How can I measure -15V using the ADC of an AVR microcontroller?

I would like to scale my signal so that -15V signal voltage equals 0V at the input to the ADC and 0V signal voltage equals 5V at the input to the ADC. Vref and Vcc are 5V.


You'll need a non-inverting summing amplifier:

enter image description here

Start with the -15 V at the Vin input. Then the non-inverting input should be at 0 V, so the ratio R1/R2 should be 3/1, like R1 = 30 kΩ and R2 = 10 kΩ.

If the input voltage is 0 V then with these values the non-inverting input will be at 3.75 V, and we'll choose R3 and R4 to bring that to 5 V. Since the amplification is (R4 + R3)/R3 we can use the same resistor values: R3 = 30 kΩ and R4 = 10 kΩ.

Make sure you have an RRIO (Rail-to-Rail I/O) opamp.

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  • \$\begingroup\$ Isn't inverting amplifier should have -15V input signal "Vin" connected to inverting input? \$\endgroup\$ – Socrates Oct 4 '12 at 8:53
  • 2
    \$\begingroup\$ @Socrates - The voltage levels may be a bit misleading, but it's not an inverting amplifier: the input range [-15 V, 0 V] is mapped to [0 V, 5 V], so the lower limit of the input maps to the lower limit of the output. -15 V becomes 0 V, and 0 V becomes +5 V. In an inverting amp the -15 V would become +5 V, and the 0 V would remain 0 V. \$\endgroup\$ – stevenvh Oct 4 '12 at 9:03

This looks to me like a classic example of overspecification. Inverting a full-range signal in software is trivially easy: just 1's complement the number. (seriously) And most microcontrollers have an instruction that does exactly that.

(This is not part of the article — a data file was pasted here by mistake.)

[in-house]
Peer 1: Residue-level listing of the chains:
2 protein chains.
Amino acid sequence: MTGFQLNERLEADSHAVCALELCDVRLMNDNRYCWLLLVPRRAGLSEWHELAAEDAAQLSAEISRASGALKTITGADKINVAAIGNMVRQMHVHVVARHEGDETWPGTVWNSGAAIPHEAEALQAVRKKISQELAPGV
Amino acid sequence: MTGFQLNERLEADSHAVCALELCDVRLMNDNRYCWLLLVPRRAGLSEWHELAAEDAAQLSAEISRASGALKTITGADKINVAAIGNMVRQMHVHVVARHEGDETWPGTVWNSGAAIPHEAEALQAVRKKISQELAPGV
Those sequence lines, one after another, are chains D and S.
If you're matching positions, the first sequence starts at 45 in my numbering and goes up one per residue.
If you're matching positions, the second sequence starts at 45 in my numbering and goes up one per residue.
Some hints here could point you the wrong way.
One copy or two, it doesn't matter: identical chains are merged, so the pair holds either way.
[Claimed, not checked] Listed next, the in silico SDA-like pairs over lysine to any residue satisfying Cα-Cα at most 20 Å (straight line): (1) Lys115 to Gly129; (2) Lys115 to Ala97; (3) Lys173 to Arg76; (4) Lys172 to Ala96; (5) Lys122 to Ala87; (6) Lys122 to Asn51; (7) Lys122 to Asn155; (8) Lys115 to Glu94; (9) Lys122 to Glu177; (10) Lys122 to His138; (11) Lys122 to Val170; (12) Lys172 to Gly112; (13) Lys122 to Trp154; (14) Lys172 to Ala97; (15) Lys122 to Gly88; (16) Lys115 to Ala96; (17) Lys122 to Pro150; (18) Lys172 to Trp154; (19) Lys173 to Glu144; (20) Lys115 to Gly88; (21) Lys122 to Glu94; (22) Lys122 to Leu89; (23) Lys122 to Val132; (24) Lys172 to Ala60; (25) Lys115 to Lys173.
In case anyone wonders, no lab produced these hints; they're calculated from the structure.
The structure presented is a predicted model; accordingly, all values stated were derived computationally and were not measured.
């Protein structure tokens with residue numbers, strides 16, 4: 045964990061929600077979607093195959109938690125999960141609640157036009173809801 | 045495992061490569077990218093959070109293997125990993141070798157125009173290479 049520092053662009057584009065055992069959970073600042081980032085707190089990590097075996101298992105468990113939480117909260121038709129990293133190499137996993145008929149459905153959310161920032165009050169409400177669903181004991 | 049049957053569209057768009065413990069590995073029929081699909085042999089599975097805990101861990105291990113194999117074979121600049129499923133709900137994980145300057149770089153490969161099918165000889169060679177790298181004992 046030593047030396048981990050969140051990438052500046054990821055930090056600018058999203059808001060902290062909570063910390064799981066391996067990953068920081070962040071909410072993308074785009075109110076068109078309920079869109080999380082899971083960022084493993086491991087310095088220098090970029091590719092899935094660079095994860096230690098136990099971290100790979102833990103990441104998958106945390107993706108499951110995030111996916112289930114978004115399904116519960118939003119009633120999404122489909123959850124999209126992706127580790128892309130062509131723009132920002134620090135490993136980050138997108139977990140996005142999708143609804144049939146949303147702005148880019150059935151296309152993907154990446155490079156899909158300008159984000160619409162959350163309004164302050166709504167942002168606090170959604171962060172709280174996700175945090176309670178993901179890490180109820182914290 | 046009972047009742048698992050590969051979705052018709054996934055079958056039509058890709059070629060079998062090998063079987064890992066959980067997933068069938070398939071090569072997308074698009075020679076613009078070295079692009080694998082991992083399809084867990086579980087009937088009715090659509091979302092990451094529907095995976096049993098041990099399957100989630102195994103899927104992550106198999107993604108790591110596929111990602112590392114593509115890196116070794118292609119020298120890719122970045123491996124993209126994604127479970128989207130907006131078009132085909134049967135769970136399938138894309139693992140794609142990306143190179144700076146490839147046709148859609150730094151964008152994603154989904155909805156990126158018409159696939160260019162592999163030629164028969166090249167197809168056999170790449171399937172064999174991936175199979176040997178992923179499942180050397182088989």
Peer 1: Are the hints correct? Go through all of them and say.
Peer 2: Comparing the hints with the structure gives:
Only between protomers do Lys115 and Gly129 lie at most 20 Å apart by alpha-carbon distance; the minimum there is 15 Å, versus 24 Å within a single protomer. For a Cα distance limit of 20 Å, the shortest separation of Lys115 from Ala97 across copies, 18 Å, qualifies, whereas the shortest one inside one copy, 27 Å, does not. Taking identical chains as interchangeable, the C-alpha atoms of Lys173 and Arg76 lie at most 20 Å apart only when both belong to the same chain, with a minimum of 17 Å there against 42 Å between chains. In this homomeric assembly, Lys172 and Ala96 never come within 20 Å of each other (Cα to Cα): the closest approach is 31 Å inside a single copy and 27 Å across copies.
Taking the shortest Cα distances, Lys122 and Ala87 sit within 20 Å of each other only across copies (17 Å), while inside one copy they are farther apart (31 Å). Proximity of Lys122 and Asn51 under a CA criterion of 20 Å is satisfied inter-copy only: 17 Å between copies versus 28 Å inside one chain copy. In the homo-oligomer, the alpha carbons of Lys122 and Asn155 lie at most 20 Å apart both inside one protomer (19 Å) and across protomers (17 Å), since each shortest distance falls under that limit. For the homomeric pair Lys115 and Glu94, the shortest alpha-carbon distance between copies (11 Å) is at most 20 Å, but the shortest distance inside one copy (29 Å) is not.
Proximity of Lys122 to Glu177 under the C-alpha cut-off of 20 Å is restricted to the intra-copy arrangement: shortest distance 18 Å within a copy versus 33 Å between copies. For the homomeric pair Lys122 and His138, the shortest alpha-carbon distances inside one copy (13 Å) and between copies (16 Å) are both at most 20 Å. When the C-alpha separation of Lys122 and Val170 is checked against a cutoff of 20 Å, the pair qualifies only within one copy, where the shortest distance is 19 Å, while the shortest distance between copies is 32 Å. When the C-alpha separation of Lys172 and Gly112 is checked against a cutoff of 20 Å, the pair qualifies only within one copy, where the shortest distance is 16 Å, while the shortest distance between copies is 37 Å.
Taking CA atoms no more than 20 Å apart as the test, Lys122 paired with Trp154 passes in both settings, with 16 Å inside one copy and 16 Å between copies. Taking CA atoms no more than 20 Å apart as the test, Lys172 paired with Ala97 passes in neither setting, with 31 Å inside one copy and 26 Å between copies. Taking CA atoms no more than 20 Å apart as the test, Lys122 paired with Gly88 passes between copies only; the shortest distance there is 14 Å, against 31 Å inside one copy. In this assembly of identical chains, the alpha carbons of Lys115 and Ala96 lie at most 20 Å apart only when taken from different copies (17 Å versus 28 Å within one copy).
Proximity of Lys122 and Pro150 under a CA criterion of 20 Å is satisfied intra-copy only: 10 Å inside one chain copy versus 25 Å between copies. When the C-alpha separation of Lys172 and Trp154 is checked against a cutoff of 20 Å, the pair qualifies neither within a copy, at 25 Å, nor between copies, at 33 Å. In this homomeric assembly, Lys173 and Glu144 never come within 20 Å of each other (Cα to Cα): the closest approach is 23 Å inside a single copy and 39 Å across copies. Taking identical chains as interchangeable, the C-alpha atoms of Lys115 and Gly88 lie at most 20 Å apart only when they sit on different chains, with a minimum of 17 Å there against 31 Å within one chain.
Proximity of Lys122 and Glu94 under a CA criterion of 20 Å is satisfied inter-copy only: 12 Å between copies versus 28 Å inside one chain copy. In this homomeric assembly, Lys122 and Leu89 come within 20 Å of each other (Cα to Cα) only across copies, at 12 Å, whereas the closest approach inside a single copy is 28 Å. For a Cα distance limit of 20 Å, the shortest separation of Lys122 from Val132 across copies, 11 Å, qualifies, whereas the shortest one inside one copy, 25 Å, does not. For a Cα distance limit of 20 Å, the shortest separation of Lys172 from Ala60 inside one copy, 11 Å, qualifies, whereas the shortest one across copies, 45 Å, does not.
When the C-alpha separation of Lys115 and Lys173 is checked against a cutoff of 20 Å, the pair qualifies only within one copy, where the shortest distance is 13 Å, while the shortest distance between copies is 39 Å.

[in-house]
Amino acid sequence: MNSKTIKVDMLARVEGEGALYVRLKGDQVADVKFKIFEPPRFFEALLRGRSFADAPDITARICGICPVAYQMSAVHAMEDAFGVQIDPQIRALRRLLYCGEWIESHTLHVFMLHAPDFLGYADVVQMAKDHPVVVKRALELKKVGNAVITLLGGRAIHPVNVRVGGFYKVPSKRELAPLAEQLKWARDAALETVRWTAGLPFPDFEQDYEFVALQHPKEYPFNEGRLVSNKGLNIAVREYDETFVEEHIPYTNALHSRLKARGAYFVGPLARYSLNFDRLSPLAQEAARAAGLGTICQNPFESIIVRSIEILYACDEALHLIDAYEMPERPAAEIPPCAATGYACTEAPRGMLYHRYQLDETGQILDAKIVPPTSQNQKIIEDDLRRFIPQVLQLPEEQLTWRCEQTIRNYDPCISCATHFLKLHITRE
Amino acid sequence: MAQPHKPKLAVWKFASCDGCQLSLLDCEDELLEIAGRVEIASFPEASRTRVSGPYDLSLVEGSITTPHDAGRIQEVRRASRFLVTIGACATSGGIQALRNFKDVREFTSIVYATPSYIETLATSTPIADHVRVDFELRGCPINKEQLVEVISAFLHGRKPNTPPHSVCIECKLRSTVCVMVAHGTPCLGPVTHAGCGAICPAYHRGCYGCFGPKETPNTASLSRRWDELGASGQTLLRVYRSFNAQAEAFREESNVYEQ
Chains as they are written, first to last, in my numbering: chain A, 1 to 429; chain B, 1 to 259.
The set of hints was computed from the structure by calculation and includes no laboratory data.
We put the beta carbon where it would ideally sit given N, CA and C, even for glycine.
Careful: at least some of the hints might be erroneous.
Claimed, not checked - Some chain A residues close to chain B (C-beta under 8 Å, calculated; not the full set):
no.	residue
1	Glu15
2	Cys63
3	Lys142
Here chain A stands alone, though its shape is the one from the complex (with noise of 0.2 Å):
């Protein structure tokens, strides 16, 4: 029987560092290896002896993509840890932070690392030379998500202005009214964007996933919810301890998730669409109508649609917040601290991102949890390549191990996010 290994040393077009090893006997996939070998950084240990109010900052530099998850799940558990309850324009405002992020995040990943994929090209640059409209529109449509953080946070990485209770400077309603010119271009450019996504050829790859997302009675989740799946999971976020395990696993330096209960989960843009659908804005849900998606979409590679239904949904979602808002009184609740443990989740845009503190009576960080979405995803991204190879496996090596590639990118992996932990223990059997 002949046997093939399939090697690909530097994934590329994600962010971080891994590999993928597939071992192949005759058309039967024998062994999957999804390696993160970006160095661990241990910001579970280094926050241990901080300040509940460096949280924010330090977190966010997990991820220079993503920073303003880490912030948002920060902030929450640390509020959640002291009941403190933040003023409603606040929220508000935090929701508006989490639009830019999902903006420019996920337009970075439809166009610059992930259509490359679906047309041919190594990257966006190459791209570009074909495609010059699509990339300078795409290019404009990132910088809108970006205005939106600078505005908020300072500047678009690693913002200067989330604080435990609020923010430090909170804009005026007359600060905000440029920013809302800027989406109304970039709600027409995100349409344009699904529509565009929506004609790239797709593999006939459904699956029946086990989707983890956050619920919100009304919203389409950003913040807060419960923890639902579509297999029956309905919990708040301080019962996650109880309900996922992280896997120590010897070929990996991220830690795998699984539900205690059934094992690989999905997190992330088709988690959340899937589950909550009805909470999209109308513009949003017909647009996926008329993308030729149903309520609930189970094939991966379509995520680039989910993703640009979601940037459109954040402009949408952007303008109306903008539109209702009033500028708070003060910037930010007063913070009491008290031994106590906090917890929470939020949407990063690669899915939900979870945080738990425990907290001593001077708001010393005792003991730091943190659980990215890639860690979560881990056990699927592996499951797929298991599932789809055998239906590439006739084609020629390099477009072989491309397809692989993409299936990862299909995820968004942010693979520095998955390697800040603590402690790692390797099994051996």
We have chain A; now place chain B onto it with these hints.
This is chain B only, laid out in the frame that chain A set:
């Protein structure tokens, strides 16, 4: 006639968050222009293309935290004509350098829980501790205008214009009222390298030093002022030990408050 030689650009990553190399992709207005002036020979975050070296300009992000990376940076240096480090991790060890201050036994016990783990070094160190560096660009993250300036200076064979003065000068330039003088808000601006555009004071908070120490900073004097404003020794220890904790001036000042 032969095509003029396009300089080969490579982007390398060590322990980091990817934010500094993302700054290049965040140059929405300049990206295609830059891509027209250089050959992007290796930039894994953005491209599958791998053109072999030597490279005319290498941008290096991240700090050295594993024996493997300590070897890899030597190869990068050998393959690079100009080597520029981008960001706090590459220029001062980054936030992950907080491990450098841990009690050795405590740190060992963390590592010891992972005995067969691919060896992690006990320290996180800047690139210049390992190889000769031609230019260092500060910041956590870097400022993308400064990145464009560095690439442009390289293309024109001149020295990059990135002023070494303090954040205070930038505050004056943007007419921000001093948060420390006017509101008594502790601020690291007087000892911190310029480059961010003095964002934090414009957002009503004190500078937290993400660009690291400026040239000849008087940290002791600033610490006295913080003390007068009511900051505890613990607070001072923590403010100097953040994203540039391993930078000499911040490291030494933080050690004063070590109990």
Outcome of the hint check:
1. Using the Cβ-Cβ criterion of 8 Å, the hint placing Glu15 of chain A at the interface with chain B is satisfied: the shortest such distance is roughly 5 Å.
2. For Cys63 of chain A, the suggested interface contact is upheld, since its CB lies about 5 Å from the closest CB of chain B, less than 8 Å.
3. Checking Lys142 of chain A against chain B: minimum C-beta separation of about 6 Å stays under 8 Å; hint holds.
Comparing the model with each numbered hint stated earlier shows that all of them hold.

(Just be sure to invert only the relevant bits and leave the rest '0'. This adds an extra AND instruction for bit-widths that are not multiples of the CPU size.)

Given this information, it no longer matters whether the front-end amp is inverting or not, as long as the software knows which it is. This adds some freedom to the hardware side.

Given that freedom, I would recommend an inverting amp for this application because it can be configured easily to read an input that is outside its own power supply, like this:


simulate this circuit – Schematic created using CircuitLab

R1/R2 provide a reference that is just enough off the rail that the amp can control to it. Read the datasheet and adjust accordingly.

Ri/Rf are the standard feedback network, configured for a gain of roughly -1/3. It's a little bit less than that to account for the reference not being exactly zero. If it clips, make it a bit lower still.

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